When you are as big and successful of an entity as Major League Baseball – not to mention having decades of anti-trust protection behind you – you don’t get in the habit of having to convince your employees, the media and even your customers – the fans – of anything.
That time-tested approach is not currently working well on the subject of pace of game. New commissioner Rob Manfred has done a much better job of getting people angry about his initiatives than he has been able to explain what is behind them in a convincing manner.
He’s just not used to it, probably.
On the media side, we have people like MLB.com’s Tracy Ringolsby hammering away. The long-time baseball writer is distancing himself from unnamed peers while tweeting repeatedly on the issue with comments such as this:
“Is concern about length of games a media created issue? If fans are upset the attendance totals don’t seem to show it.”
Even worse, a highly-respected manager in Joe Maddon of the Chicago Cubs is taking aim, as well. Again, “the media” is the supposed bogeyman.
“What is the purpose behind the faster game?” Maddon rhetorically asked SI.com’s Tom Verducci. “I’m not really clear on that. So that, I don’t understand.
“To me, I think it’s more of a media kind of thing — probably deadlines at the end of the night based on more items being carried simultaneously as opposed to the newspaper the next day. It has to be tied into that somehow.
“Little Joey, 10 years old, wishes the game is four hours. I was wishing for extra innings every night. I never cared about how long a baseball game was. Listening to it on the radio or watching it on TV, [I was] hoping it goes longer,” Maddon said.
Now, let’s step back and consider motivations, starting at the top with Manfred.
I don’t believe for one second that the new commissioner cares what the media thinks about length of games. He cares about money – and the contracts his game are knocking down from the television networks are more staggering by the year.
My sense is that like any successful business, MLB is looking to the future. How will they continue to grow their revenues?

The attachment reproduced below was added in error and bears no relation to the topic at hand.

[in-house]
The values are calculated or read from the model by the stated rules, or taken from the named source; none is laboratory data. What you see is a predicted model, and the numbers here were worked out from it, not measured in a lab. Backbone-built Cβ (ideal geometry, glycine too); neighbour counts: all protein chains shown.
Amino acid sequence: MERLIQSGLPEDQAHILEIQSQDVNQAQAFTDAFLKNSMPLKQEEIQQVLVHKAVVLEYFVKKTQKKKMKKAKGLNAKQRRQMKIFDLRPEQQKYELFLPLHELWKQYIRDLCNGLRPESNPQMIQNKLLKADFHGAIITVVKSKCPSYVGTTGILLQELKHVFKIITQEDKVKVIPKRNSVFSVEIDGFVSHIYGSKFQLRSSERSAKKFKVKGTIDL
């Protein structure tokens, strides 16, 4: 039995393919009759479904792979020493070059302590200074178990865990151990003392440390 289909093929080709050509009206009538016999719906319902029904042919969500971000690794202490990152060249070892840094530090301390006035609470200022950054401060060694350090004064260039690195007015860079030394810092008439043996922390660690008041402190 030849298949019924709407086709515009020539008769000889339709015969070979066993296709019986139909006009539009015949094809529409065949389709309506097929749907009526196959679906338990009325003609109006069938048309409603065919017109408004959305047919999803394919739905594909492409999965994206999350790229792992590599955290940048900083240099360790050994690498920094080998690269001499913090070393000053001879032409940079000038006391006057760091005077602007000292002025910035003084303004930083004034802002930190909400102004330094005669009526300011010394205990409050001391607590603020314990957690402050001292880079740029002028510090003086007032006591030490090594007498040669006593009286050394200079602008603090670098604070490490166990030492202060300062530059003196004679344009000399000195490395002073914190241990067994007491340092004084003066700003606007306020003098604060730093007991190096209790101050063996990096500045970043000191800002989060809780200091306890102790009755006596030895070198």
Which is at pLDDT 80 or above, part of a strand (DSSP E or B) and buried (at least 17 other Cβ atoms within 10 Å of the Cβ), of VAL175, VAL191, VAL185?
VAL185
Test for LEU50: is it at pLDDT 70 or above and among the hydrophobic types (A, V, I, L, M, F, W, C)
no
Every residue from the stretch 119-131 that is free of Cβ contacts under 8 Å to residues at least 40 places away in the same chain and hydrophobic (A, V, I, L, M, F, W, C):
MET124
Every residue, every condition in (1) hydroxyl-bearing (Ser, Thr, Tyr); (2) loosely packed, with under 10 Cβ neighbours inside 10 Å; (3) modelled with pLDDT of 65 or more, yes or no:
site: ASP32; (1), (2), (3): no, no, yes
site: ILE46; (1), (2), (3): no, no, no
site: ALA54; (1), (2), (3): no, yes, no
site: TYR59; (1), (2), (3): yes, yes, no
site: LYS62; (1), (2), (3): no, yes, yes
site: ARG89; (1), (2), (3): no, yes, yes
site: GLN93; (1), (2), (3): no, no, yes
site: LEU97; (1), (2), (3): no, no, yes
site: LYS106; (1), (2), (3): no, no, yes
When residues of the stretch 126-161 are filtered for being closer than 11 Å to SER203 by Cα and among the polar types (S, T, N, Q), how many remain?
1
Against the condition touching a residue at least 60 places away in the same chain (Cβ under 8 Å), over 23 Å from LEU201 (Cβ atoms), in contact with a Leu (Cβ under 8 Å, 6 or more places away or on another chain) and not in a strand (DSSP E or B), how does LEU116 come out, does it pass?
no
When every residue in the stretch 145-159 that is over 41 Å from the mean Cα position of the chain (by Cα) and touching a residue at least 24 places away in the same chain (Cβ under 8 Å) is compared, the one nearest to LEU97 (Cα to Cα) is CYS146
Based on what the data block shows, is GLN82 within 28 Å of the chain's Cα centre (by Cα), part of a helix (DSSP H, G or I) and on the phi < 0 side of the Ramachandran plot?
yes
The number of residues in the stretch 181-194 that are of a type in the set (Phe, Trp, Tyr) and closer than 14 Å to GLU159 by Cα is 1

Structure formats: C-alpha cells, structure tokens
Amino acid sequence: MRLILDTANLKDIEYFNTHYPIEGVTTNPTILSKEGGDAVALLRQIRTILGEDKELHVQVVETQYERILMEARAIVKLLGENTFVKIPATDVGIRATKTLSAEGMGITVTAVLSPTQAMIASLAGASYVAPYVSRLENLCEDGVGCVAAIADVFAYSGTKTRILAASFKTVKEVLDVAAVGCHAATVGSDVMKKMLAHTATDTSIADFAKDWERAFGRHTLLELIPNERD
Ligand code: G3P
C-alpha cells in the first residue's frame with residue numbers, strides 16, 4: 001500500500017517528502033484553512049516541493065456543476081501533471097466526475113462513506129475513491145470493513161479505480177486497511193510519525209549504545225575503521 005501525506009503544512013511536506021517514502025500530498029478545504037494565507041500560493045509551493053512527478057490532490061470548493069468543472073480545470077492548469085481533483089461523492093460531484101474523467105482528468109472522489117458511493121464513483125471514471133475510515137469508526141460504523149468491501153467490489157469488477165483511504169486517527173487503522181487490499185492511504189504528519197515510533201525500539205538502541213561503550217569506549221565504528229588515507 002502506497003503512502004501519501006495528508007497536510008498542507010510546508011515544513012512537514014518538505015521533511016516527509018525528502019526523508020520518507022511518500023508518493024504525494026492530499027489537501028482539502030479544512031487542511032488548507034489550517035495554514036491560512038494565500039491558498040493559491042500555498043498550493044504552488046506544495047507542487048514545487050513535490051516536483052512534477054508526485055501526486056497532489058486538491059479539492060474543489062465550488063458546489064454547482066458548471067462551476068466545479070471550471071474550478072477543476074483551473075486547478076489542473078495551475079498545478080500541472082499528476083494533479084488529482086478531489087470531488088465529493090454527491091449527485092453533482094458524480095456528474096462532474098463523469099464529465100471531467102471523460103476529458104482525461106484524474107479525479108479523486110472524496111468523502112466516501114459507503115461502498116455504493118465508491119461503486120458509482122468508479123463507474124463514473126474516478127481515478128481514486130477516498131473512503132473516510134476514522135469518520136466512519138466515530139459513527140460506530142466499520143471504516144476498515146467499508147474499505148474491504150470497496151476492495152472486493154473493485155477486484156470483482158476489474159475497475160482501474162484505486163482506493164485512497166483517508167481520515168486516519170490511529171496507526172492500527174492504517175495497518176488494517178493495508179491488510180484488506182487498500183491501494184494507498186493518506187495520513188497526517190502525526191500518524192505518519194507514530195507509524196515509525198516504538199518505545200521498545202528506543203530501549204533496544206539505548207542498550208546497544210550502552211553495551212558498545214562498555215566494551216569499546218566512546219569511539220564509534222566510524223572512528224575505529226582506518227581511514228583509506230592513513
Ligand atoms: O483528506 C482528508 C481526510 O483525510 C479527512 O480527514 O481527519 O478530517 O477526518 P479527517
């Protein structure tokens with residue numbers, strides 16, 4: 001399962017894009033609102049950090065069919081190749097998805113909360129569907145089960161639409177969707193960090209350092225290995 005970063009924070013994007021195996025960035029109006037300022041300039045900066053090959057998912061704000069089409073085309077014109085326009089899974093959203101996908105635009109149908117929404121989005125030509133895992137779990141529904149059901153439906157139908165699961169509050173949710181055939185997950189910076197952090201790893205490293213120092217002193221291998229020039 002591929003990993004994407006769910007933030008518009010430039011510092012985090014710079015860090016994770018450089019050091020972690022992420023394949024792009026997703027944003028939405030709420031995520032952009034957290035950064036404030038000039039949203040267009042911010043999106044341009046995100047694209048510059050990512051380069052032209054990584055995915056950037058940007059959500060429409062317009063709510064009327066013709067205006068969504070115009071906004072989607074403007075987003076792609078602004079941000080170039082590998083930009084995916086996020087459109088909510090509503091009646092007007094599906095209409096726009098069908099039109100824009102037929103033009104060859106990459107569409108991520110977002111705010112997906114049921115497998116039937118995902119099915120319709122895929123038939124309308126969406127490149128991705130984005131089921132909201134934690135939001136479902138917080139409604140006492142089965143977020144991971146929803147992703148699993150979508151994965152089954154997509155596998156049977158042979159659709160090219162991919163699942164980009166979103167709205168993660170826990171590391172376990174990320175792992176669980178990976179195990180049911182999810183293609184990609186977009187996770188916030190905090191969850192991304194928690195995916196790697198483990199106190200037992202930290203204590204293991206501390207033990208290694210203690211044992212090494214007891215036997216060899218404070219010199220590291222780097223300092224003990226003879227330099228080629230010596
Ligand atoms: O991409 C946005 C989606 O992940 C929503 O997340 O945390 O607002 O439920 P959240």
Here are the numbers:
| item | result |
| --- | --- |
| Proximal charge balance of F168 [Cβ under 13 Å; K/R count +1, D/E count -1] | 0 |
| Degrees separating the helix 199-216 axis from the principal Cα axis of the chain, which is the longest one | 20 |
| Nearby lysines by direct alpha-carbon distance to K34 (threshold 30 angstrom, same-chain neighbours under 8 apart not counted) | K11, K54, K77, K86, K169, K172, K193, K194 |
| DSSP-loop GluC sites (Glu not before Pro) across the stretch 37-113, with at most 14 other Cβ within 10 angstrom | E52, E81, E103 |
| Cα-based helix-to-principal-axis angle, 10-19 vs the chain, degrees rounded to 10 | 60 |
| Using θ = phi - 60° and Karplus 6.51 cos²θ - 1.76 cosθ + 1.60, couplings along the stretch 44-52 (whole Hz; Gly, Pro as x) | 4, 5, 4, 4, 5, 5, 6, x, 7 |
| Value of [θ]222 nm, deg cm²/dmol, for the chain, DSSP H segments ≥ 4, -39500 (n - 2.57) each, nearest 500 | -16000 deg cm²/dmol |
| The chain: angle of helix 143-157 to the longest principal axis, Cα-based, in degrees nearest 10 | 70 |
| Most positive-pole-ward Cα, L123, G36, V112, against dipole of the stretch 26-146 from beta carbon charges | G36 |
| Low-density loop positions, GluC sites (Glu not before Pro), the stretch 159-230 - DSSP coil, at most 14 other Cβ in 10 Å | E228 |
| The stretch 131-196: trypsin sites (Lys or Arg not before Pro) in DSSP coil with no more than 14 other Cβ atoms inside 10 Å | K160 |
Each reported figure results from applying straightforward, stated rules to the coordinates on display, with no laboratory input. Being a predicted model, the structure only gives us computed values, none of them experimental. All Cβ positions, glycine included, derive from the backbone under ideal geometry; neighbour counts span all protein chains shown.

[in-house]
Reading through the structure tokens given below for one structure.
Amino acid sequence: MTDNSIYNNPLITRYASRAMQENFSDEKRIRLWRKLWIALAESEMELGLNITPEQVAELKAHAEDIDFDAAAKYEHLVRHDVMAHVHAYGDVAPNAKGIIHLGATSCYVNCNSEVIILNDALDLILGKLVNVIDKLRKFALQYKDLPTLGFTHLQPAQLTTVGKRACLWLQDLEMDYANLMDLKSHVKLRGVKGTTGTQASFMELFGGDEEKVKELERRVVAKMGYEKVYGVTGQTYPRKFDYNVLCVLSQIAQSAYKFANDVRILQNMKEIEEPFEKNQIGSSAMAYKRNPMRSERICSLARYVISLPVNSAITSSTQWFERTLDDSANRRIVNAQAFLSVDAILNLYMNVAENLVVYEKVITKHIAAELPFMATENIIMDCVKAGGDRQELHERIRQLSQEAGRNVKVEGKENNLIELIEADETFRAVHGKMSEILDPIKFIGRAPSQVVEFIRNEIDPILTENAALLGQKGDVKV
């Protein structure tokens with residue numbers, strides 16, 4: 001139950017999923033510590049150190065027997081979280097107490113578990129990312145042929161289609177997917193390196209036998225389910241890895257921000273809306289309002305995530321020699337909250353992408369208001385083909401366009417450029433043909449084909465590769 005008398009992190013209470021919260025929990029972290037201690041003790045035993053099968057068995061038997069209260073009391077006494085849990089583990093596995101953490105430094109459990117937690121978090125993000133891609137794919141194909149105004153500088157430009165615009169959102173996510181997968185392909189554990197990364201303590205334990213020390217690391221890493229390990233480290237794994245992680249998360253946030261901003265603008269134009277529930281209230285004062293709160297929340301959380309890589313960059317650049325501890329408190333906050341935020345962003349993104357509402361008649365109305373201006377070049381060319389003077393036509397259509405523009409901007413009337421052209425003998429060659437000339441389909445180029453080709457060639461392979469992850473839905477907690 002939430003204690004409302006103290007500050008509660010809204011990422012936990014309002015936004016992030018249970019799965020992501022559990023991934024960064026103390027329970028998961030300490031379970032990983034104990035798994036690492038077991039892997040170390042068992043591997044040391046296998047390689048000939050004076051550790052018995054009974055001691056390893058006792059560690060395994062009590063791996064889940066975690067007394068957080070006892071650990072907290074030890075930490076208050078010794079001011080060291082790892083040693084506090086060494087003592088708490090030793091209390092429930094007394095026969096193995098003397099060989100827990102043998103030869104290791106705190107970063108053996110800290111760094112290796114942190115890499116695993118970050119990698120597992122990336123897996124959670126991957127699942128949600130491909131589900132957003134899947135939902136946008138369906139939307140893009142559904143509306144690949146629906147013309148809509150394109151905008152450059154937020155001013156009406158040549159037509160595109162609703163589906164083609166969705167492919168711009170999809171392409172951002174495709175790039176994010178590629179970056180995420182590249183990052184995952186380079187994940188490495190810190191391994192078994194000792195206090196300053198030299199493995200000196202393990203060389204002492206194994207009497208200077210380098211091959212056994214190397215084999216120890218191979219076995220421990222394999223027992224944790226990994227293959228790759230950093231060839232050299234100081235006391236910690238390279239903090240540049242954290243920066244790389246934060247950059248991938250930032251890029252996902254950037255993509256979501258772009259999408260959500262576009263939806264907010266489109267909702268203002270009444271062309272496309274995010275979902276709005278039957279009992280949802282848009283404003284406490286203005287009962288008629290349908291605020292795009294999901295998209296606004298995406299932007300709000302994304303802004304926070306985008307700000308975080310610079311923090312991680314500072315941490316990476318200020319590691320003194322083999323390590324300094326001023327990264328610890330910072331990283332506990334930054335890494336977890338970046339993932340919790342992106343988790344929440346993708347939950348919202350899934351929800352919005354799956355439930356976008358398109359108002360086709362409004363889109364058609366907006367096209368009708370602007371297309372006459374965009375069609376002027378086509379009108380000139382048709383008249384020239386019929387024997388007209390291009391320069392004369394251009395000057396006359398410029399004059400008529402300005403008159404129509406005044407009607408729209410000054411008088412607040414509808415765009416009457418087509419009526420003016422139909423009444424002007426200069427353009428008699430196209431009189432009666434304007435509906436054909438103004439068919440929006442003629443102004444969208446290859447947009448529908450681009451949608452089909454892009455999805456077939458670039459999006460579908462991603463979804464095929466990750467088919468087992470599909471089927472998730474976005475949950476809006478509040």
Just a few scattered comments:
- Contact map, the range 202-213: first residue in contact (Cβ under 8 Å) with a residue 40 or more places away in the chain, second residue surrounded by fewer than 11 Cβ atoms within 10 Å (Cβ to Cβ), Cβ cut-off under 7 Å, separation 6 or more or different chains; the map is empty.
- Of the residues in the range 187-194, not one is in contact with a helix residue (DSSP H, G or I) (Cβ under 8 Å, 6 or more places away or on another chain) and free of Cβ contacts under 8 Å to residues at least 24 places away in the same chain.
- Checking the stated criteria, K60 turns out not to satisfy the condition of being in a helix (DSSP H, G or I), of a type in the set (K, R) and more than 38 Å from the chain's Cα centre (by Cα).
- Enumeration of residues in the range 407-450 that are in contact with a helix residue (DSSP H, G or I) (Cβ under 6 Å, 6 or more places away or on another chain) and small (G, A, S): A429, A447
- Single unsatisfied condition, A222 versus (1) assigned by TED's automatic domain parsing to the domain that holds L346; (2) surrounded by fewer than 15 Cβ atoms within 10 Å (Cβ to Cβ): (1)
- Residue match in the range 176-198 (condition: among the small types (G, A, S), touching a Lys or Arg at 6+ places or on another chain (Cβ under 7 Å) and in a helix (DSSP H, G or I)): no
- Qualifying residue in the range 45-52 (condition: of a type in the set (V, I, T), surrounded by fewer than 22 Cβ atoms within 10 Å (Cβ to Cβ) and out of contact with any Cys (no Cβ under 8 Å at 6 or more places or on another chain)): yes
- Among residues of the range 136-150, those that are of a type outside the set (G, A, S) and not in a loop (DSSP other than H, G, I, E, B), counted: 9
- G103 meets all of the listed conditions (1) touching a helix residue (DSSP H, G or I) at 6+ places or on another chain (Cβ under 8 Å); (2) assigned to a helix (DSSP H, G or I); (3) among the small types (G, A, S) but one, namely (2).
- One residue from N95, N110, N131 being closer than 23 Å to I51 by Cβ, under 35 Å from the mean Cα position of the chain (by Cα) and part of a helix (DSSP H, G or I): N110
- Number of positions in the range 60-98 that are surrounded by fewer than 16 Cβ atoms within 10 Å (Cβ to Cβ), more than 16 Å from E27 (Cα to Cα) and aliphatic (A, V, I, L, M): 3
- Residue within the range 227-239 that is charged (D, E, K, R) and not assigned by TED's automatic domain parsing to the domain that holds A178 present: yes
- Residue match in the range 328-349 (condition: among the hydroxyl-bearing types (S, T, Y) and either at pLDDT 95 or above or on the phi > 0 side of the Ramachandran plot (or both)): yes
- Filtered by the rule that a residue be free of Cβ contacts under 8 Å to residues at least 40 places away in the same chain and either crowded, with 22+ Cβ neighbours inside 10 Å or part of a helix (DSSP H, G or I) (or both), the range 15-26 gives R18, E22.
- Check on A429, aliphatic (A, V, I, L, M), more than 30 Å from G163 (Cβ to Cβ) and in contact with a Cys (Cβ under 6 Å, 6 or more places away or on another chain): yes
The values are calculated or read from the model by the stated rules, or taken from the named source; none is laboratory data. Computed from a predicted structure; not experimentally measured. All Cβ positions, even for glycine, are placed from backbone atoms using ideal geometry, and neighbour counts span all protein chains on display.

They likely have tons of market intelligence that slices and dices the opinions and behaviors of various demographic segments of their target audiences – factors like geography, income levels and the like. Yes, age is a big factor.
The data probably shows that MLB’s grip on fans’ wallets has a very strong correlation with an aging fan base. MLB likely understands that it is losing the interest of younger fans to other sports and wants to do something concrete about it.
By the time today’s “Little Joey” isn’t being taken to games by his Dad or Grandpa anymore and has to decide where to spend his entertainment dollar, it likely is not going to Major League Baseball.
If my experience talking with younger people is any indication, pace of game is a legitimate issue with many of them. I don’t know if it is number one or number 10 on the list of concerns, but I am pretty sure MLB does.
Even though I am personally not overly worked up about pace of game, I readily understand that my generation is not the target audience. We made our decisions on which sports to follow and how long ago.
I also know better than to try to oversimplify like Maddon is doing with his “Little Joey” reminiscing and Ringolsby is doing by citing yesterday’s attendance figures as supposed evidence that nothing should change for tomorrow.
Well-known people in the game like these two may have the pulpit, but that does not necessarily mean they are informed. Yet Maddon says he wants to understand, so why isn’t anyone telling him?
MLB needs to get off its rear end and explain to both the media and their own employees why they should care about what younger fans think before it is too late – assuming they have the data to back it up. And if I am wrong and they don’t, then they should either get their story straight or get off the issue completely.
For the record, Maddon recently celebrated his 61st birthday. In other words, he was 10 years old over a half century ago. Ringolsby is in his 40th year writing about baseball. By the time the “Little Joey” of 2015 is old enough to decide where to spend his hard-earned entertainment money, they’ll be long gone.
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